Opening this weekend at The Maple Theater in Bloomfield is film intended for the whole family. "Shepherd: The Story of a Jewish Dog" evokes memories of the Oscar-winning 1997 film, "Life Is Beautiful." In that movie, a Jewish father (played by Roberto Benigni) tries to make life bearable for his young child, despite the horrors going on around them.
"Shepherd" may not win the same awards or be quite as highly regarded when all is said and done, but it accomplishes something that is not at all an easy feat: It tells a story about the horrors of WWII, The Holocaust and the affront on Jews living in Germany and Europe at that time, by finding an angle that is accessible for a younger audiences and their parents. It teaches truths through the journey of a dog, and draws incredible parallels between the treatment of this Shepherd and how Jews were treated by Hitler's Nazi army.
For some reason, a common "dog movie" trope has the audience following a dog as it roams the country-side, changing owners over and over along the way. This construct works wonders in this movie though, and gives the over-arching journey a familiarity that most audience members will recognize.
The film begins with a mother giving birth to a litter of puppies, and a Jewish family happily receiving them. But we soon understand what's lurking outside as the Nuremberg Laws begin to take hold. While the story mostly follows one of the dogs, its life is intertwined with that of the young Jewish boy, his original owner.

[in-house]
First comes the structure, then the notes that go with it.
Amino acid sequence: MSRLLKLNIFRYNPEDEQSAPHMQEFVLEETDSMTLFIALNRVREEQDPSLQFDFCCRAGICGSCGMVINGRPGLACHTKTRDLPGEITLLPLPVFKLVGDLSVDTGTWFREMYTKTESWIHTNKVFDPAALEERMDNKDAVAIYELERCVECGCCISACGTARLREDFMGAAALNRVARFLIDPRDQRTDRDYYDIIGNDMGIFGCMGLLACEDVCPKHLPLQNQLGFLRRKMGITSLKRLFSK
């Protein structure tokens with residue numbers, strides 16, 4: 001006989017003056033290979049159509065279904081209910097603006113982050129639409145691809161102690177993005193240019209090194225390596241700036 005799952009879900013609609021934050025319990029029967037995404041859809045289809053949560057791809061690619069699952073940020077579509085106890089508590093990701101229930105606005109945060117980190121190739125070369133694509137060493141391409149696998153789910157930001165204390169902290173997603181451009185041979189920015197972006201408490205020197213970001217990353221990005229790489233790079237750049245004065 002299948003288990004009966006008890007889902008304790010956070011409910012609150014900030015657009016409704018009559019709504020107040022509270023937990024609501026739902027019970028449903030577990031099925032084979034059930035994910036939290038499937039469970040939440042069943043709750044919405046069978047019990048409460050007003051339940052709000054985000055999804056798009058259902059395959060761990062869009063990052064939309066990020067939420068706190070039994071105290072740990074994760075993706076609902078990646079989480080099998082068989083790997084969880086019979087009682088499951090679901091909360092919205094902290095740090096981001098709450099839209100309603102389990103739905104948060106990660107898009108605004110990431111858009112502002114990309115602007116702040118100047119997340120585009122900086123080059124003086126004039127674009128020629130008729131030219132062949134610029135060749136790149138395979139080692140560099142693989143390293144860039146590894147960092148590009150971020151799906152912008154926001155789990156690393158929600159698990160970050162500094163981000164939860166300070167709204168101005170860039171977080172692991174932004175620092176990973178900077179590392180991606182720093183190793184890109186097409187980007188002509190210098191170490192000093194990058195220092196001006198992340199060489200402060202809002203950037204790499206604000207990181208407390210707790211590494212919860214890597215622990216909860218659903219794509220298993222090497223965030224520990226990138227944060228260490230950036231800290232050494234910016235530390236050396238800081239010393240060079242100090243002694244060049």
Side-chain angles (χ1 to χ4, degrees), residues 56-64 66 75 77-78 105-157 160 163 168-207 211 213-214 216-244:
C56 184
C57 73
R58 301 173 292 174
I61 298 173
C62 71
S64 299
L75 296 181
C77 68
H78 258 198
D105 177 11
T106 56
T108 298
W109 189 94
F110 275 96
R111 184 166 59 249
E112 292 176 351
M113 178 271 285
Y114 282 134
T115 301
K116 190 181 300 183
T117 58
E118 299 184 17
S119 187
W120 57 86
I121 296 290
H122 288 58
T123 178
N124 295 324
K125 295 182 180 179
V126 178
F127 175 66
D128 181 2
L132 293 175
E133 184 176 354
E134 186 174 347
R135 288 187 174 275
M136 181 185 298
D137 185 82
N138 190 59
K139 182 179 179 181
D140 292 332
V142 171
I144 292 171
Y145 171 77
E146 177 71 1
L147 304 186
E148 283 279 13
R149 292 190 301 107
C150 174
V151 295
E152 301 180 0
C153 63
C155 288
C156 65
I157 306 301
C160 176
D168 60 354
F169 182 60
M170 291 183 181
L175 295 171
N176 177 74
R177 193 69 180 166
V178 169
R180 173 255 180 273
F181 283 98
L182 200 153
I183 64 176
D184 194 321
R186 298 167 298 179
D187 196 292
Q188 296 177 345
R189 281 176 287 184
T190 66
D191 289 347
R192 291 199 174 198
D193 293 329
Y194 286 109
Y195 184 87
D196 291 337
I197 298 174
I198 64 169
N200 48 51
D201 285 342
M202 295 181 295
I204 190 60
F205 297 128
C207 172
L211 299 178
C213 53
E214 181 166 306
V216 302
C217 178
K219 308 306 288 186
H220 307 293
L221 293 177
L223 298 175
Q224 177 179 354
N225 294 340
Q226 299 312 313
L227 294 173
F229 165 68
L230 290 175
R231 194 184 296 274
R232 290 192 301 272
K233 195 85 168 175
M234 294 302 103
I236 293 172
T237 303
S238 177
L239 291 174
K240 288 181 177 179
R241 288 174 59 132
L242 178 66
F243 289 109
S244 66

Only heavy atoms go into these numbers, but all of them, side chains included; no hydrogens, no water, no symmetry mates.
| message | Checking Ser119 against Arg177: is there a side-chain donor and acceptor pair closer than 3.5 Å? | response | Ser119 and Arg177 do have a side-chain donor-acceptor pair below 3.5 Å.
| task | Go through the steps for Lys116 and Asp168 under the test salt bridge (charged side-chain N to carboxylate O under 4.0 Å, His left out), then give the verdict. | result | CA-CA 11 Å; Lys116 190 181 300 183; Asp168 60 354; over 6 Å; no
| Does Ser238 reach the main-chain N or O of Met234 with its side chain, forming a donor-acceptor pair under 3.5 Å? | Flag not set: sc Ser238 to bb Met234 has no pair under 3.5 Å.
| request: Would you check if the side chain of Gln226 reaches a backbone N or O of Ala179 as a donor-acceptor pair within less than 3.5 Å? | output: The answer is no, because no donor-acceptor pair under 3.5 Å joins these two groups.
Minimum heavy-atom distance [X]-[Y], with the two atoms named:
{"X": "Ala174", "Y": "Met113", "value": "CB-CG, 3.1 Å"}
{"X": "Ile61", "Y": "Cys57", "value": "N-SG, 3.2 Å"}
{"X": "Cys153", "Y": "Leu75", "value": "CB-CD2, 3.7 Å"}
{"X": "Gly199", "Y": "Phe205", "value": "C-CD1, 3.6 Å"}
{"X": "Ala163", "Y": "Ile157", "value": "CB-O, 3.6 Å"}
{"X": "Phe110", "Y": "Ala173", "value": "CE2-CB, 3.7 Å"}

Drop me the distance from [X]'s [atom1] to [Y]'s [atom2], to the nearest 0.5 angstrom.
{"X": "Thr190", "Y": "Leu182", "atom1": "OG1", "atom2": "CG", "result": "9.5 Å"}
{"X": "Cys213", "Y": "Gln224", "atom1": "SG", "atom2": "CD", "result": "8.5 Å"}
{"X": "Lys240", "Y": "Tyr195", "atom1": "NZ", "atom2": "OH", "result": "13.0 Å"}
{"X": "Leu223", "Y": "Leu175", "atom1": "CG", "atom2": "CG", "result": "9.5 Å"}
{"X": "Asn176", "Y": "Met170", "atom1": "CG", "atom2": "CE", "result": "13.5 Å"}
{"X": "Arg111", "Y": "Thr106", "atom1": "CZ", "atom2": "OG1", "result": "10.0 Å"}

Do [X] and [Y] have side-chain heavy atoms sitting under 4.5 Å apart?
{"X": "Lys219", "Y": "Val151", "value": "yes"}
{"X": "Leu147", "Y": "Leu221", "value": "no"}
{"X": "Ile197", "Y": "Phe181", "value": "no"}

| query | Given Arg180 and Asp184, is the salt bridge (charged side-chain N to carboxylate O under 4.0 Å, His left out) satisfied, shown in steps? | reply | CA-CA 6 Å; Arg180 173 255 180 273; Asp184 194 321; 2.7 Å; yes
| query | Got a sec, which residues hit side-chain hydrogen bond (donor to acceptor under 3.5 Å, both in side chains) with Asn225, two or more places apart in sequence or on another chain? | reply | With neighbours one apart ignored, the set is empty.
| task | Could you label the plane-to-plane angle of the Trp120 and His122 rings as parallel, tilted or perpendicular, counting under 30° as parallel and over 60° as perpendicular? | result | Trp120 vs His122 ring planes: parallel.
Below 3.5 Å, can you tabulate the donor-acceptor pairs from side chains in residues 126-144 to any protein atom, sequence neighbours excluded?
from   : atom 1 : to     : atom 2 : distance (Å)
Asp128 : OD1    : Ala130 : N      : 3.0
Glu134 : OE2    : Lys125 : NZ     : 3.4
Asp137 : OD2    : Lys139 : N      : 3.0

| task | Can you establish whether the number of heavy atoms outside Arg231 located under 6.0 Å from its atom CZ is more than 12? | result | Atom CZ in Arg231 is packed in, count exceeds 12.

Throughout the film, whether or not this Shepherd dog is "pure breed" or not continues to come into question...a powerful allegory for Jewish existence throughout the war. The dog continues to represent some sort of humanity throughout the film, even as its true owner is ripped from its arms...history only knows the number of families who had to endure such suffering.
"Shepherd: The Story of a Jewish Dog" is what the title says it is, but it's much more than that. It's also a story of an entire people. Fittingly, it doesn't have a Hollywood ending because this is not a movie based in any sort of artificial reality.
This film is a tremendous jumping-off point for discussion about WWII and The Holocaust, a bridge that can be used to bring better understanding to the youth this film seems interested in including in the conversation, and a tool for older generations to wield in telling it.
Run Time: 1 hour 33 minutes.
Based on the novel by Asher Kravitz.
Starring: August Maturo, Ken Duken, Ayelet Zurer, Lois Robbins.
Written and Directed by Lynn Roth ("The Little Traitor," "Changing Habits").
"Shepherd: The Story of a Jewish Dog" is in limited release, opening locally at The Maple Theater on
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